• participate in translating CRJC Cultural Heritage Resources Inventory into educational material that will be useful to towns, citizens, and heritage tourism-oriented business
  • subcommittee should verify trail information on GIS database and regional planning commissions
  • Friends of Pisgah (NH) act as an umbrella group for local trails organizations
  • address trail erosion with increased trail maintenance; provide better signage, publish information, explore possible connections between systems
  • Audubon Society chapters should advise on local birding areas and how to reach them
  • Upper Valley land Trust should work with NH Fish & Game Dept. And state archeologists to develop primitive campsites
  • historical societies should educate their fellow citizens about local history and how it relates to the Connecticut River; consider writing and publishing histories of their town and conducting goral history interviews

Sportsmen's clubs should:

  • cooperate with state agencies to provide information about fish populations
  • promote use and protection of stream bank buffers to improve water quality and fish habitat
  • participate in the dam relicensing process

The business community should:

  • establish regional wholesale-retail farmers markets
  • keep agricultural infrastructure strong
  • provide education to real estate customers about farming practices and about being good neighbors to farms
  • support a multi-community cooperative approach to developing heritage tourism (Bellows Falls VT-Walpole, NH, for example)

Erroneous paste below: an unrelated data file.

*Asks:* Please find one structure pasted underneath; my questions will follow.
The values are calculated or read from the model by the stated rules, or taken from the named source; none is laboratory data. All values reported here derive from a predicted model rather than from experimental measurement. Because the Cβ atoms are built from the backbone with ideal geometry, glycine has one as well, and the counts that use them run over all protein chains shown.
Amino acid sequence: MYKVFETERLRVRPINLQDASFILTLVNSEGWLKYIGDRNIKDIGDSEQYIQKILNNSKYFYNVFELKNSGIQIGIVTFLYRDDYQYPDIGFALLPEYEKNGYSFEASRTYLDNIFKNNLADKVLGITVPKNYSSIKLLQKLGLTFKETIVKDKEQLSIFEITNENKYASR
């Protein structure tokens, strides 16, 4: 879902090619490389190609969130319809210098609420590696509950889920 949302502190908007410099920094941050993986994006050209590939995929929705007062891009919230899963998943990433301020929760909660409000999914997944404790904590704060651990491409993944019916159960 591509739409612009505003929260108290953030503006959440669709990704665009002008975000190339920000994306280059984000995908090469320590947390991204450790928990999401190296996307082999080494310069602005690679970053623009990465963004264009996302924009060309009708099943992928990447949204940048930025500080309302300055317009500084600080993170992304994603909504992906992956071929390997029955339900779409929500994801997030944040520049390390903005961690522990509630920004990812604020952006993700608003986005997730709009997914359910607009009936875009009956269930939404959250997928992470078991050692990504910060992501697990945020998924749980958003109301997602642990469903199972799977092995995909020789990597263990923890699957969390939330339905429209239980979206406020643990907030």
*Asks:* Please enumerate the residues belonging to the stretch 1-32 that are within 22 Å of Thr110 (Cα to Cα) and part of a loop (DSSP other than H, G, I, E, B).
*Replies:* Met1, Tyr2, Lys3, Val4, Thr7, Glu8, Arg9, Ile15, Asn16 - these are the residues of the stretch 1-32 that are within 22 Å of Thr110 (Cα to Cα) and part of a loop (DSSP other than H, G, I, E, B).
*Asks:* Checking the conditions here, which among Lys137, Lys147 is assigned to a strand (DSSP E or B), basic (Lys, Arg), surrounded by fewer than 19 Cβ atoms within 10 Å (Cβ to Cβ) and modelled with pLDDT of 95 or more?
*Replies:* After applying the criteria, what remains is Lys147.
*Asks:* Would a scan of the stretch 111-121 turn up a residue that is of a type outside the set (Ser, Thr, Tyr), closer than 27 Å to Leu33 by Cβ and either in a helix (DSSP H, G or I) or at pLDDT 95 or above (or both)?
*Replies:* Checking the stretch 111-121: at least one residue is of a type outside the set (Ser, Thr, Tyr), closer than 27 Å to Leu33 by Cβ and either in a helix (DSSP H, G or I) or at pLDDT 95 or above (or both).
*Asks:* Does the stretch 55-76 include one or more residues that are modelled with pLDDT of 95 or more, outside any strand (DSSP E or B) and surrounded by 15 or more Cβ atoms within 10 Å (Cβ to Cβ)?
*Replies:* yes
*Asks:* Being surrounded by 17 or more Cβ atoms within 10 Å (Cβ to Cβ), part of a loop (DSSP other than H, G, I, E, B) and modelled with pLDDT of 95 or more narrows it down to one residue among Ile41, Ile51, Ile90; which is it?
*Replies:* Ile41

• support establishment of a Precision Valley Heritage Corridor for towns which contributed to the history of precision manufacturing and the machine tool industry, such as Keene
  • media carry regular features on topics of local history and heritage
  • select existing commercial and industrial buildings for rehabilitation rather than building new facilities

Dam operators should:

  • NEP or its successors install permanent signage at its boat launches, reminding the public of the boat speed law, the problem of bank erosion, and proper boating etiquette
  • communicate closely with state and federal fish and game/wildlife agencies to schedule dam repairs, drawdowns, and releases in order to avoid impacts upon fish migration and reproduction; local experts should also be asked to cooperate to provide an opportunity for consensus opinion
  • cooperate with one another to manage flow effectively and avoid sudden releases of sediment
  • NEP and its successors recognize wildlife habitat value of its extensive riverfront lands, and manage them appropriately in cooperation with state fish and game/wildlife agencies